By Pepper Trail Writers on the Range
Ah, what a beautiful day! The air has that magical quality it sometimes gets in spring, a caressing softness on the skin. The buds on the plum trees are swelling, and the robins have ascended to the tops of the trees, where they’re singing with abandon.
But… it is February. Today’s high temperature was 72 degrees, almost 20 degrees higher than normal and a new record.
At this time of year, the mountains surrounding my southern Oregon valley should be deep in snow. The high-country lakes should be full, but frozen. The sky should be gray and, ideally, snowing.
Winter weather is the price we pay—gladly—for the mountain wildflowers; the lakes full of trout; the water that irrigates our farms, orchards and gardens through the long hot summer; and for the lush, green forests that are not on fire.
But as the great naturalist Aldo Leopold remarked, “To be an ecologist is to live in a world of wounds.” These days, the same could be said for meteorologists, or for any of us trying to find uncomplicated pleasure in the beauty of a spring day in mid-winter.
For this too-warm day reveals that we are in another drought year. Almost all the precipitation in my region of southern Oregon falls from October through March, and we need as much of that as possible to be in the form of snow. Snow that piles up deep in the mountain forests and slowly melts through spring and early summer, soaking into the soil and filling the streams.
That hasn’t happened this year, or last year, or the year before that. Since Jan. 1, we have received just 0.61 inches of rain, 2.11 inches less than normal. For the “water year” that started Oct. 1, we are at 8.54 inches, most of which came in a near-blizzard in late December. That storm gave us a nice white Christmas and hope for a wet winter at last—but since then, nothing. Normal for this time of year would be about 12 inches. And the long-term forecast doesn’t look good.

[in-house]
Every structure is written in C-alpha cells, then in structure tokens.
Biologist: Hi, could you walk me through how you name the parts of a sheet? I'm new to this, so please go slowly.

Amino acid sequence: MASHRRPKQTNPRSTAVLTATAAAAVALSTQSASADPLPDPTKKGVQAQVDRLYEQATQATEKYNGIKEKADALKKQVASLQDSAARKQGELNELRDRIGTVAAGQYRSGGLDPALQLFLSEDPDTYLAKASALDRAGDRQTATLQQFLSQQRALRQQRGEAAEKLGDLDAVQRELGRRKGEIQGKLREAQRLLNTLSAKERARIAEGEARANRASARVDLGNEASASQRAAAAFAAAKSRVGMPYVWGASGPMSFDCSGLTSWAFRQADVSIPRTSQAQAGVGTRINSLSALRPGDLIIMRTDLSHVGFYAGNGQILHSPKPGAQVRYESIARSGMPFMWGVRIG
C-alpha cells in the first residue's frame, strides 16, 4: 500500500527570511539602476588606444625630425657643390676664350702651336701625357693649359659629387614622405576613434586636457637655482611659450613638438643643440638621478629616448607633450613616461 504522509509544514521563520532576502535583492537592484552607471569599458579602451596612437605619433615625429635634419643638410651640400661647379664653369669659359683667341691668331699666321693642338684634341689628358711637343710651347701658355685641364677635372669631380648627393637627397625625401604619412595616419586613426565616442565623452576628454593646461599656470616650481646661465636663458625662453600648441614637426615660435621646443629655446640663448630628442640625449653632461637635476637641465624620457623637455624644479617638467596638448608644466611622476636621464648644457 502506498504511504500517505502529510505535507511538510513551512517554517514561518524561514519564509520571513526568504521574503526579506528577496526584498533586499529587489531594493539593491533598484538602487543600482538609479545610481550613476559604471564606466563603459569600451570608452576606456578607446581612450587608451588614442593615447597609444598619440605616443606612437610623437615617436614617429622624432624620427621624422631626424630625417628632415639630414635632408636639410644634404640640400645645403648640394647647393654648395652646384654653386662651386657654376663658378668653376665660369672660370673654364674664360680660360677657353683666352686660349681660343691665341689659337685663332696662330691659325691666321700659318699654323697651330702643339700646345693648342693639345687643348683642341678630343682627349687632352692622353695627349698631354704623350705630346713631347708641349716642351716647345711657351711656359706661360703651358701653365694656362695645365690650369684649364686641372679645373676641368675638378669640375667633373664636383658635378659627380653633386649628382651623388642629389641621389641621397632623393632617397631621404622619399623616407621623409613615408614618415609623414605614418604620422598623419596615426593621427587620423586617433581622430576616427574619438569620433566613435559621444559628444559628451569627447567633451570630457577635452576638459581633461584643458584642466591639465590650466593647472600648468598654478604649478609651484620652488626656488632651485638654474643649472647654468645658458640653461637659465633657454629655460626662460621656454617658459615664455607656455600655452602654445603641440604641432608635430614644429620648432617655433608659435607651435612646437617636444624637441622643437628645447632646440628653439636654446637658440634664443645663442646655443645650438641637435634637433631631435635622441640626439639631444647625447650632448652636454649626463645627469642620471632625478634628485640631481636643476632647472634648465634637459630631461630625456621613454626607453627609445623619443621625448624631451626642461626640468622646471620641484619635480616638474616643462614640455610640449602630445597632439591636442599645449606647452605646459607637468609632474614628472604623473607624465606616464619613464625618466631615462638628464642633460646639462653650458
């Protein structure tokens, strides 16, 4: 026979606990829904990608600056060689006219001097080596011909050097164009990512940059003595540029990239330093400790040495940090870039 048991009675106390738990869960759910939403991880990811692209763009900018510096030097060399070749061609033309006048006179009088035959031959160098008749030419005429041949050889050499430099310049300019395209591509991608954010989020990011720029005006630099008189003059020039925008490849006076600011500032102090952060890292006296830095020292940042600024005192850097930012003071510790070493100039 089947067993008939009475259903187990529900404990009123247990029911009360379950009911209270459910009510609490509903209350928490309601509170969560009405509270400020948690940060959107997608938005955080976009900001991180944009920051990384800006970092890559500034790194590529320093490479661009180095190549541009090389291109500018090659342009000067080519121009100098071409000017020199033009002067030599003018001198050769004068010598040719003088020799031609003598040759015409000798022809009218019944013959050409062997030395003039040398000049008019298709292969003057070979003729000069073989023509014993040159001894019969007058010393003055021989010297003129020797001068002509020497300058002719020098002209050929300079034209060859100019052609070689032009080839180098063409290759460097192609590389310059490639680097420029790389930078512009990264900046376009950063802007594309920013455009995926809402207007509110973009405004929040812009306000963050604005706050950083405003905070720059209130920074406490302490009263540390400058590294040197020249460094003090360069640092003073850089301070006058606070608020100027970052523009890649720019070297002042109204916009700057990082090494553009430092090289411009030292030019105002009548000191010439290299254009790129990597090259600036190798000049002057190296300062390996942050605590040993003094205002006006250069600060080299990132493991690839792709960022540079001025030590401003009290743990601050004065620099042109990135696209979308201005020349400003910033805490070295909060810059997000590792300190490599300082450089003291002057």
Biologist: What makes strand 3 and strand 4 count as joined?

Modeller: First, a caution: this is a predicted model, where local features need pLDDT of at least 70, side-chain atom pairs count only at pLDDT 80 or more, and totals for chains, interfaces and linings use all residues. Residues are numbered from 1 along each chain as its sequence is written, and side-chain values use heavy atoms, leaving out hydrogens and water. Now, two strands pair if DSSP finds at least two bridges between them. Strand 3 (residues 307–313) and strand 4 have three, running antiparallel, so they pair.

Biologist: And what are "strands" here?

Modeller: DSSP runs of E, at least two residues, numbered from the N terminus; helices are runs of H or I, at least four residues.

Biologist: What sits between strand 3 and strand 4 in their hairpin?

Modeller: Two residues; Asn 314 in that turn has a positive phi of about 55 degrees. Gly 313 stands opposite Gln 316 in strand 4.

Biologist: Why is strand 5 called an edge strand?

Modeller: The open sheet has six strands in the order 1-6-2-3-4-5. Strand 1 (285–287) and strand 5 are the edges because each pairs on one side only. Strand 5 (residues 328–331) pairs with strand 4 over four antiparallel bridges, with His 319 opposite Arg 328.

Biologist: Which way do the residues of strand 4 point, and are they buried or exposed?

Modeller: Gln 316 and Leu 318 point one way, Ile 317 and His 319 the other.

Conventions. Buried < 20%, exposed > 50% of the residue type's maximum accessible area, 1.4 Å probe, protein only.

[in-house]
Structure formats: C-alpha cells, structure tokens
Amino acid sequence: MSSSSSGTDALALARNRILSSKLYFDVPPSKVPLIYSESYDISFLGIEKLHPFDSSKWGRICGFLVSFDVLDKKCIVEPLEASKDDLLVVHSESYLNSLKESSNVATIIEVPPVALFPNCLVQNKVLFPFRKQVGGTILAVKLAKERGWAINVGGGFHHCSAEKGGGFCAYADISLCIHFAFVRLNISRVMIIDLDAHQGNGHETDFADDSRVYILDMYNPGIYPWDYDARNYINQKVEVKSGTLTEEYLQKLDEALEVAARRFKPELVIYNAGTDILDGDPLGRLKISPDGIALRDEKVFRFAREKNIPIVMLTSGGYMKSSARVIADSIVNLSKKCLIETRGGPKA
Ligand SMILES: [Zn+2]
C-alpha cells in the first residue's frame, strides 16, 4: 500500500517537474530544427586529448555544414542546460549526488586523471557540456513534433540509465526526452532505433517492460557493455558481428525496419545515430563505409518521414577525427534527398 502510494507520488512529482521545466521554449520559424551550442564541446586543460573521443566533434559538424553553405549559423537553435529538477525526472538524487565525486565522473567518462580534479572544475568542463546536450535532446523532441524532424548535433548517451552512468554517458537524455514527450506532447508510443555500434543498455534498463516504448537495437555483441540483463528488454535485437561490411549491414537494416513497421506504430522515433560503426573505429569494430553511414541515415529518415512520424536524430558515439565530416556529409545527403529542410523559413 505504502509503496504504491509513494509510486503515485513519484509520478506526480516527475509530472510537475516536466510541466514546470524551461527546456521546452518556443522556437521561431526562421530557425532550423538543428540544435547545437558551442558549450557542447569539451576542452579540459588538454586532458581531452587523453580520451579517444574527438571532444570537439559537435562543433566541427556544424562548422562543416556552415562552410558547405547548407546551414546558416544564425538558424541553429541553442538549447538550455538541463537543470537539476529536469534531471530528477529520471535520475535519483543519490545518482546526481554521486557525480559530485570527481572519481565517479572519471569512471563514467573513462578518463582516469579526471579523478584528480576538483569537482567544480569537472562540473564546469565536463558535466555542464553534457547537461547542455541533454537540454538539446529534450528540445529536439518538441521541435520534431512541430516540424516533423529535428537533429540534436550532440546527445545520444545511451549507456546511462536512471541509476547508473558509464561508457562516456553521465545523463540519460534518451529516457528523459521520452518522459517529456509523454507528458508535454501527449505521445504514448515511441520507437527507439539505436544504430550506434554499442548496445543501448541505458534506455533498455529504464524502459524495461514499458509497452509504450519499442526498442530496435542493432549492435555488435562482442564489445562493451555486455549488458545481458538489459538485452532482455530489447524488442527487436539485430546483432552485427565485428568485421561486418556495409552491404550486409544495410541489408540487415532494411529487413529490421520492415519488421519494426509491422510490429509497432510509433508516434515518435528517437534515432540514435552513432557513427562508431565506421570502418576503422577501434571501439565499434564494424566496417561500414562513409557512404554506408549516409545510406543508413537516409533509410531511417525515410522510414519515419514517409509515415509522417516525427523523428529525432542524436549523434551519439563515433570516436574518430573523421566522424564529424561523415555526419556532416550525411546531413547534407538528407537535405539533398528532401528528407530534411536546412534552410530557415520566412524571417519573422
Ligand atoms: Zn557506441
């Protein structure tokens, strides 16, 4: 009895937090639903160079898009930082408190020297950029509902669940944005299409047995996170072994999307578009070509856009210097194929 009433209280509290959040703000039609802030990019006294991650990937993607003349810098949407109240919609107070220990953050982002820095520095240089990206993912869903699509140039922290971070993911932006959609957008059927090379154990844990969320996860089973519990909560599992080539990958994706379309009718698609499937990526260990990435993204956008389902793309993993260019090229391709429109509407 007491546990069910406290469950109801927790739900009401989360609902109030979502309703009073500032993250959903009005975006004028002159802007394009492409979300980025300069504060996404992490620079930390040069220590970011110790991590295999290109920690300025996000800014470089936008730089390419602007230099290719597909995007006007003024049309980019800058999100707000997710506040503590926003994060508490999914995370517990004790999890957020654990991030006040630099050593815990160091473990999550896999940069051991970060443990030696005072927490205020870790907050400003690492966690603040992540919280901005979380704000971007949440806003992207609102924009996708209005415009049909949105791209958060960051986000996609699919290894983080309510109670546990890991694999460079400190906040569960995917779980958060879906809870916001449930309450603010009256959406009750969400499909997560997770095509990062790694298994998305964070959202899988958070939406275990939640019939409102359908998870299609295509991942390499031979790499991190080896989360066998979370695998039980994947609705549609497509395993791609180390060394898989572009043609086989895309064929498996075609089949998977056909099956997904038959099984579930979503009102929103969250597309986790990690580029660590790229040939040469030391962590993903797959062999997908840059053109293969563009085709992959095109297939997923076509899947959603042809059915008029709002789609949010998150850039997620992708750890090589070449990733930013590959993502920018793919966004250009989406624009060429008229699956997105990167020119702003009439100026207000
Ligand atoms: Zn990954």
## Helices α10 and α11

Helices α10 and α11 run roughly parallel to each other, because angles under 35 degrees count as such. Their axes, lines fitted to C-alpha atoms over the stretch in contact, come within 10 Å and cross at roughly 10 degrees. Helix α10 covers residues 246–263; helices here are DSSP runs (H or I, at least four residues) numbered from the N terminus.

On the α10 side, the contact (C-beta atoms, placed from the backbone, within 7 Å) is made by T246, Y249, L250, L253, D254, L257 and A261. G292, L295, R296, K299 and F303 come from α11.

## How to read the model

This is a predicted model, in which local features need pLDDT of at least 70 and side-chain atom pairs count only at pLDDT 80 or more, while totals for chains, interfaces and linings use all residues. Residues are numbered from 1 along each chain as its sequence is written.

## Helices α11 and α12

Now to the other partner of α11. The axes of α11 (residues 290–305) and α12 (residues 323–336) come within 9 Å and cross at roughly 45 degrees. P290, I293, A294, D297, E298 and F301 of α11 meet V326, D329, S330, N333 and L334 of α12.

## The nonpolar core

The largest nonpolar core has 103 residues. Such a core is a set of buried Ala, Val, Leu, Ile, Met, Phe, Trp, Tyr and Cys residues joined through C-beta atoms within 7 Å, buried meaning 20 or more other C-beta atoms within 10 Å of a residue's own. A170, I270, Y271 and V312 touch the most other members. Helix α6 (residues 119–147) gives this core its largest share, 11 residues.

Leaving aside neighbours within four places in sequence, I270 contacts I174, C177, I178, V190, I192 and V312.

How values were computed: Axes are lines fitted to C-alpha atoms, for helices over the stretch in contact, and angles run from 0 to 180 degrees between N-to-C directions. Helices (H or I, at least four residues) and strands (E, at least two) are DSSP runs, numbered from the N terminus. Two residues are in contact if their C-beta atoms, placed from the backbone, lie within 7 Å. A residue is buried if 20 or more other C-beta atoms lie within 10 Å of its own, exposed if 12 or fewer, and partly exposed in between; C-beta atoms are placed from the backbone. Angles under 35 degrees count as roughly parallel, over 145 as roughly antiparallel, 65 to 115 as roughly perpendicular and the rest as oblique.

The snow has melted except at the highest elevations, and there is no precipitation in the extended forecast. According to the federal Drought Monitor map, we are on the border between Severe Drought and Extreme Drought. Just on the other side of the Cascades to the east, there is a huge dark blob of Exceptional Drought, the highest category. These catastrophic drought conditions are unfortunately shared by Nevada, Utah, Montana, Colorado and New Mexico.
Should we be surprised when scientists tell us the West is the driest it’s been in more than a thousand years?
On the Oregon-California border, the drought forced a complete shutdown of water deliveries to farmers in the Klamath Basin this year. The basin’s great national wildlife refuges—used by 80 percent of the migrating ducks, geese, and swans on the Pacific Flyway—are almost completely dry, their lakes nothing but expanses of cracked mud.
The Klamath River, normally fed by mountain snowpack, is running low, and there are great fears of massive die-offs in salmon returning to spawn this summer.
Closer to home, the mountain lakes that feed our streams and supply our irrigation districts are all at less than 10 percent full, just sad little puddles.
Looming over all this bad news is perhaps the biggest fear of all: Fire. Without snowpack to keep the mountain forest hydrated into the summer, the risk of wildfire is extreme. My town is nestled against conifer forests that come within a few hundred yards of the city limits. Our recent summers have been plagued by weeks of eye-burning smoke, and in 2020 a wind-driven fire devastated the Oregon towns of Talent and Phoenix, even though they’re surrounded by orchards.
Back in the moment, I sit on my deck, sip my tea, and enjoy this glorious day. Each year, I know, gives us just a few days like this, and when they come—whenever they come—they must be savored with gratitude. Yet this beautiful day carries the knowledge of what it may cost us in the months to come.
So, to whoever this prayer could be addressed, thank you for this day. Now, please, how about a few weeks of gray skies and wet snow?
Pepper Trail is a contributor to Writers on the Range, writersontherange.org, a nonprofit dedicated to spurring lively conversation about the West. He is an ecologist in Oregon.